Suffix substitution closure, Theory of Computation

Our primary concern is to obtain a clear characterization of which languages are recognizable by strictly local automata and which aren't. The view of SL2 automata as generators lets us do this by considering the characteristics of the tilings they build. Consider, for instance the situation in the top half of Figure 5, where there are two tilings u1σv1 and u2σv2 in which the symbol ‘σ' occurs. Clearly, after having built u1σ we had the choice of continuing with either v1 or with v2. We had the same choice after having built u2σ. Hence both of the tilings in the bottom half are constructable as well.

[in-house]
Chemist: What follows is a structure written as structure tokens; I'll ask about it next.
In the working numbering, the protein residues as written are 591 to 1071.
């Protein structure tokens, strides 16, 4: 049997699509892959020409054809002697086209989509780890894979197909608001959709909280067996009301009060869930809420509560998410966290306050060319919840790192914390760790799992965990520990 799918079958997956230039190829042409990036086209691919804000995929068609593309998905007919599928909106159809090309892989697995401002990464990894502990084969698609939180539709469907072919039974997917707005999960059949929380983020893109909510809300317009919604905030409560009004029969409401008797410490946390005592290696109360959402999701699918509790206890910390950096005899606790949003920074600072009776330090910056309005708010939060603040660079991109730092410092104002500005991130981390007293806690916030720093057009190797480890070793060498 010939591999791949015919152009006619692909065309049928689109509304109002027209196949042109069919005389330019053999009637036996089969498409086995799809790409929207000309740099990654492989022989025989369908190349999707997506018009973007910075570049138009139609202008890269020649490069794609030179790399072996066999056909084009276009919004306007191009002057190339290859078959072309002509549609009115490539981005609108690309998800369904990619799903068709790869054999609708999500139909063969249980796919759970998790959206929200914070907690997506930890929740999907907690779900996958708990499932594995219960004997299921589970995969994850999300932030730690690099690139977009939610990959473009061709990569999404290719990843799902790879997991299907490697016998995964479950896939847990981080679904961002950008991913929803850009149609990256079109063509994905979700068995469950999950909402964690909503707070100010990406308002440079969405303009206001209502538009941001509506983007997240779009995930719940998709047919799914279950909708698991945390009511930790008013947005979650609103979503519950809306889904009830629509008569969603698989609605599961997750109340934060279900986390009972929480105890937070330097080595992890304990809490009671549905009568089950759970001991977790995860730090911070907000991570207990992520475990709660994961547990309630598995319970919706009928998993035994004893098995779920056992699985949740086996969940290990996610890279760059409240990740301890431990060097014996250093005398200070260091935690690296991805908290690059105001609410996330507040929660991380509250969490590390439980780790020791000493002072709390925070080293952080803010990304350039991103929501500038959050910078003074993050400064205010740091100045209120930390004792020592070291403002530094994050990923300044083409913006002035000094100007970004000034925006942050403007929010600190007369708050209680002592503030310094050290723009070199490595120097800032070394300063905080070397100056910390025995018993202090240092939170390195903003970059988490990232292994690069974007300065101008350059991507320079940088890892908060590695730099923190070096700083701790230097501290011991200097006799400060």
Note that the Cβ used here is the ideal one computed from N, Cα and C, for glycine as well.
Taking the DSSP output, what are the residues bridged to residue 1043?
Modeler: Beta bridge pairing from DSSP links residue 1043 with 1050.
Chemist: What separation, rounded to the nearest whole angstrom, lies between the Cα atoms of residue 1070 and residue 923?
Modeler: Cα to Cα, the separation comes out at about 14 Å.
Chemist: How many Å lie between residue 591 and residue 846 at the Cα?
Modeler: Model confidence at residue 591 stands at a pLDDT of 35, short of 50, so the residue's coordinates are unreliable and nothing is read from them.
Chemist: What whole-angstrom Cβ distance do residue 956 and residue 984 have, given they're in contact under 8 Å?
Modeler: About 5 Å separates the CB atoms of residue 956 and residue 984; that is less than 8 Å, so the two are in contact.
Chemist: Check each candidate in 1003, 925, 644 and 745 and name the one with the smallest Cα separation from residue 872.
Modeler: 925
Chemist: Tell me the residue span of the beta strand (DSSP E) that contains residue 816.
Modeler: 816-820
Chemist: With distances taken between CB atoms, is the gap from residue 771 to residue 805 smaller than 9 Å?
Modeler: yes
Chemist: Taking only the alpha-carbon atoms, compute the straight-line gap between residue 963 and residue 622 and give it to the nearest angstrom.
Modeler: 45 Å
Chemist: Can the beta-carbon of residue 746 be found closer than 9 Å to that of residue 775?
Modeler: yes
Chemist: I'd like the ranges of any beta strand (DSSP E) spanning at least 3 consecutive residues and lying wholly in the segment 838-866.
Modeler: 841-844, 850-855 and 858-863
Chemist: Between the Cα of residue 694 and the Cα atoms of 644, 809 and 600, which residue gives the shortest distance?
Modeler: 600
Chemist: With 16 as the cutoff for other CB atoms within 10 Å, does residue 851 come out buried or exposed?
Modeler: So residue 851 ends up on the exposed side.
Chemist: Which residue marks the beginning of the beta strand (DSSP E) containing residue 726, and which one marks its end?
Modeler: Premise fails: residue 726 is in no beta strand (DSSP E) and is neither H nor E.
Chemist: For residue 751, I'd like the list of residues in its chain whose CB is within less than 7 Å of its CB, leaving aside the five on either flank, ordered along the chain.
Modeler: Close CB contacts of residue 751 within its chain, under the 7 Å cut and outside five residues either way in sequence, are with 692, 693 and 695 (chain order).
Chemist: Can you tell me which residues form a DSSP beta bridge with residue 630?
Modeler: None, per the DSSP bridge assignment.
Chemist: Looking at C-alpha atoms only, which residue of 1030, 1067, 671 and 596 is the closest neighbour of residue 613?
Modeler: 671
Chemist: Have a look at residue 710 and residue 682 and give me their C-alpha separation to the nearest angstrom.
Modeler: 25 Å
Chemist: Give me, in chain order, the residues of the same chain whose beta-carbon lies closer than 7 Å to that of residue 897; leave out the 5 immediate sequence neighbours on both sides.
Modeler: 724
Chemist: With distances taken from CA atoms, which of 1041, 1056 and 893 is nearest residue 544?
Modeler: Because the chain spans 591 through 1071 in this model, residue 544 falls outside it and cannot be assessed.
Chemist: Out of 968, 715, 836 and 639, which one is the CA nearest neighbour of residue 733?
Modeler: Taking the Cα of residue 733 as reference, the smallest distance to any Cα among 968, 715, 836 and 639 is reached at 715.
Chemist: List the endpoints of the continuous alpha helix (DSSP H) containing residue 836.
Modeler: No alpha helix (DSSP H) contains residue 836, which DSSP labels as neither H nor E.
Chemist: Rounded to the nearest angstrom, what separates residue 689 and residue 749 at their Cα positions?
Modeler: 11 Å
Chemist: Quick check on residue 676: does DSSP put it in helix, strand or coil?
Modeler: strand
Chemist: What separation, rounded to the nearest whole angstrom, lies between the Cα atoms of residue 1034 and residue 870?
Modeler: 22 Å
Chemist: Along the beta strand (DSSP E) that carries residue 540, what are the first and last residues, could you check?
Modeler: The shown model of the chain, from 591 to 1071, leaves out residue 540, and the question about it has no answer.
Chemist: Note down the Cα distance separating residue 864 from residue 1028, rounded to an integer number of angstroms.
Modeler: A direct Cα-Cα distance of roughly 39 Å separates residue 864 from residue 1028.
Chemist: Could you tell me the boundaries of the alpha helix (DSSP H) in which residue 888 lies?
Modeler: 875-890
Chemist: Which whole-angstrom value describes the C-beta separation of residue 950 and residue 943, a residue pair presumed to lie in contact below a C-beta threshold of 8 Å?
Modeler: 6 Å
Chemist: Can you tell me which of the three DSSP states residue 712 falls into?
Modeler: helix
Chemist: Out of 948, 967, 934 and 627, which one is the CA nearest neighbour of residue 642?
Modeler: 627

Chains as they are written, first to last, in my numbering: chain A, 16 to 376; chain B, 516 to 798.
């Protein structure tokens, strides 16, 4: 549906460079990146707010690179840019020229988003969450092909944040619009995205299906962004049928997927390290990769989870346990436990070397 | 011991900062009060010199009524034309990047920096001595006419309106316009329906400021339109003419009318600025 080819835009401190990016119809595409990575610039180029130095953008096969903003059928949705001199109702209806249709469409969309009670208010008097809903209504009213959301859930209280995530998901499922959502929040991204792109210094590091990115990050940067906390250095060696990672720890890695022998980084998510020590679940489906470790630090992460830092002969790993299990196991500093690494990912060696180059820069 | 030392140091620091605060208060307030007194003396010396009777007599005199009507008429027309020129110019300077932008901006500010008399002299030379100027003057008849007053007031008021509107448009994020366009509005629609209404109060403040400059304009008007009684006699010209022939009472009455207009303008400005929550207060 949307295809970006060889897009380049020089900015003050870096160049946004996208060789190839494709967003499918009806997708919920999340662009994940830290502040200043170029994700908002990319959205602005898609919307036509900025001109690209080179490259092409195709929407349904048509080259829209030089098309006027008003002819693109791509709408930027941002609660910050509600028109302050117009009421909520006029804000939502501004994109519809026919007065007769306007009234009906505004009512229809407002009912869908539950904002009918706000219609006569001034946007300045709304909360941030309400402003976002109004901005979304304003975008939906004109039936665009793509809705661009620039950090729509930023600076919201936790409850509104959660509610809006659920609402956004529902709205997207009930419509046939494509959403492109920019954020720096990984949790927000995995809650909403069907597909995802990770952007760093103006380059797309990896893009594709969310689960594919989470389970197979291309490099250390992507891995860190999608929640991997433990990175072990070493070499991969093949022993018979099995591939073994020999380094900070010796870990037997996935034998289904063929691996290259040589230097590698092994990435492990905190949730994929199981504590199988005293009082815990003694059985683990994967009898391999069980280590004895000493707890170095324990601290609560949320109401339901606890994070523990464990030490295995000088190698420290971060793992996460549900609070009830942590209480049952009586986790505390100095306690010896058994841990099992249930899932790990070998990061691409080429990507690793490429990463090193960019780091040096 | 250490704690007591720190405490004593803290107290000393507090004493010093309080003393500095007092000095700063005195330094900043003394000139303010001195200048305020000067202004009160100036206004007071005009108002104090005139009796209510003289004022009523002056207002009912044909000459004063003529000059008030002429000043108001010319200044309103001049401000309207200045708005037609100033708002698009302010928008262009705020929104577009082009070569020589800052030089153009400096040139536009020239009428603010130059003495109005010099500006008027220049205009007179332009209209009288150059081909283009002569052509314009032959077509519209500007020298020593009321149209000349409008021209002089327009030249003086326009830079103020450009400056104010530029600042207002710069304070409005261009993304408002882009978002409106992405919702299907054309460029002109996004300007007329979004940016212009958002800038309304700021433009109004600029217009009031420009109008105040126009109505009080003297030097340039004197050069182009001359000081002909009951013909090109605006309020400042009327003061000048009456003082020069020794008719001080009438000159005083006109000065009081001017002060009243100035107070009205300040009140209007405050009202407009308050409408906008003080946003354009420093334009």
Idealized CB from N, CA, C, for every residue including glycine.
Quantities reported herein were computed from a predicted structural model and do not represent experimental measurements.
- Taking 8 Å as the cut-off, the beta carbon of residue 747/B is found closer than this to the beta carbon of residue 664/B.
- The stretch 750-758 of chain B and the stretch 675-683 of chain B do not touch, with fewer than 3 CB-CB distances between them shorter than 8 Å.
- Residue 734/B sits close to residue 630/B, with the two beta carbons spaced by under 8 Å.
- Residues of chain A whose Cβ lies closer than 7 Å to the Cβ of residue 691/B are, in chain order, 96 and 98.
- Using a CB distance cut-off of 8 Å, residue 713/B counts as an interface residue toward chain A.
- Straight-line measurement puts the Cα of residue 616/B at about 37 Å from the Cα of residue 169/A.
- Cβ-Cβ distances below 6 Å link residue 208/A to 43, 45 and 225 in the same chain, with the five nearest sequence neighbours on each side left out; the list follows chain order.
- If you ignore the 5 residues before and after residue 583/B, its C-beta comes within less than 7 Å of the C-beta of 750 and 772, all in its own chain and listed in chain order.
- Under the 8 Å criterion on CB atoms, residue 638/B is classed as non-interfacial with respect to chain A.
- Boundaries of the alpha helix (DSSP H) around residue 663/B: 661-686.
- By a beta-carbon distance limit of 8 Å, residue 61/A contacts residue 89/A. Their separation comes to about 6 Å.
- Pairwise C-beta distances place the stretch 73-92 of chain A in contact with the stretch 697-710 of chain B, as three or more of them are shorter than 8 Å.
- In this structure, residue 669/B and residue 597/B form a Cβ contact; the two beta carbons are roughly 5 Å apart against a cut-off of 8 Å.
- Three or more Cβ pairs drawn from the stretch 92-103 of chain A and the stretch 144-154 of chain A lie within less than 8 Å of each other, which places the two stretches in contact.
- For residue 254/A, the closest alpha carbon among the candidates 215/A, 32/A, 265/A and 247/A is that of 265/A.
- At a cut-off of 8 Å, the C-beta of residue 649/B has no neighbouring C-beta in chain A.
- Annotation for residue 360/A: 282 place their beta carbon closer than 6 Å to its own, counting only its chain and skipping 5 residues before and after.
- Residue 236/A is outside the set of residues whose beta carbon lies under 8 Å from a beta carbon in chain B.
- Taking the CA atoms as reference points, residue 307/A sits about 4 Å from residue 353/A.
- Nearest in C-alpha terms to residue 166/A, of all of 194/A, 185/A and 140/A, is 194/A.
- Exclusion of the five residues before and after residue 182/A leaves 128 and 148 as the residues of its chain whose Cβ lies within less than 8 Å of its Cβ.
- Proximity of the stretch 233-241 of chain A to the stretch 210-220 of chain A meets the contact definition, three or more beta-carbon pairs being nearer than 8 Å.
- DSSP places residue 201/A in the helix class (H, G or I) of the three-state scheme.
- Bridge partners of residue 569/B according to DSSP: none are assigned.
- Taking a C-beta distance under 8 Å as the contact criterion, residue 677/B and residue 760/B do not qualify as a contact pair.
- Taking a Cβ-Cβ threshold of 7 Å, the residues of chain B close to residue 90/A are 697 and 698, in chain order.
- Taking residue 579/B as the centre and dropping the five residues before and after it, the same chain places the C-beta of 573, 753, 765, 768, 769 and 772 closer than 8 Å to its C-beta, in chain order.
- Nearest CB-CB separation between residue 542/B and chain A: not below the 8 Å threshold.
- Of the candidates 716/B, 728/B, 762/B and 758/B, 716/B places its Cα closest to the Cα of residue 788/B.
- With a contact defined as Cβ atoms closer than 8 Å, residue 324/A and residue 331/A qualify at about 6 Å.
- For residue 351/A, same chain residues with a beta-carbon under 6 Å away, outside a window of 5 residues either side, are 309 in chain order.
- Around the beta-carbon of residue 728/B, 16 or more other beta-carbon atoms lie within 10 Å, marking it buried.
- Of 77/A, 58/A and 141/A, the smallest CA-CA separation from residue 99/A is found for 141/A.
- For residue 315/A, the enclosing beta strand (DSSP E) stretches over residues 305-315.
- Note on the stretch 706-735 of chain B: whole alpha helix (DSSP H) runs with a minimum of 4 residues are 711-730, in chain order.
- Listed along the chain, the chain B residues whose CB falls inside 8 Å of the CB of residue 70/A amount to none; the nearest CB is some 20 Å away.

What this means for the strings, is that the question of whether we can extend a particular string to produce a longer string that is in the language depends only on the last symbol of that string.

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For example, the question of whether a given regular language is positive (does not include the empty string) is algorithmically decidable. "Positiveness Problem". Note that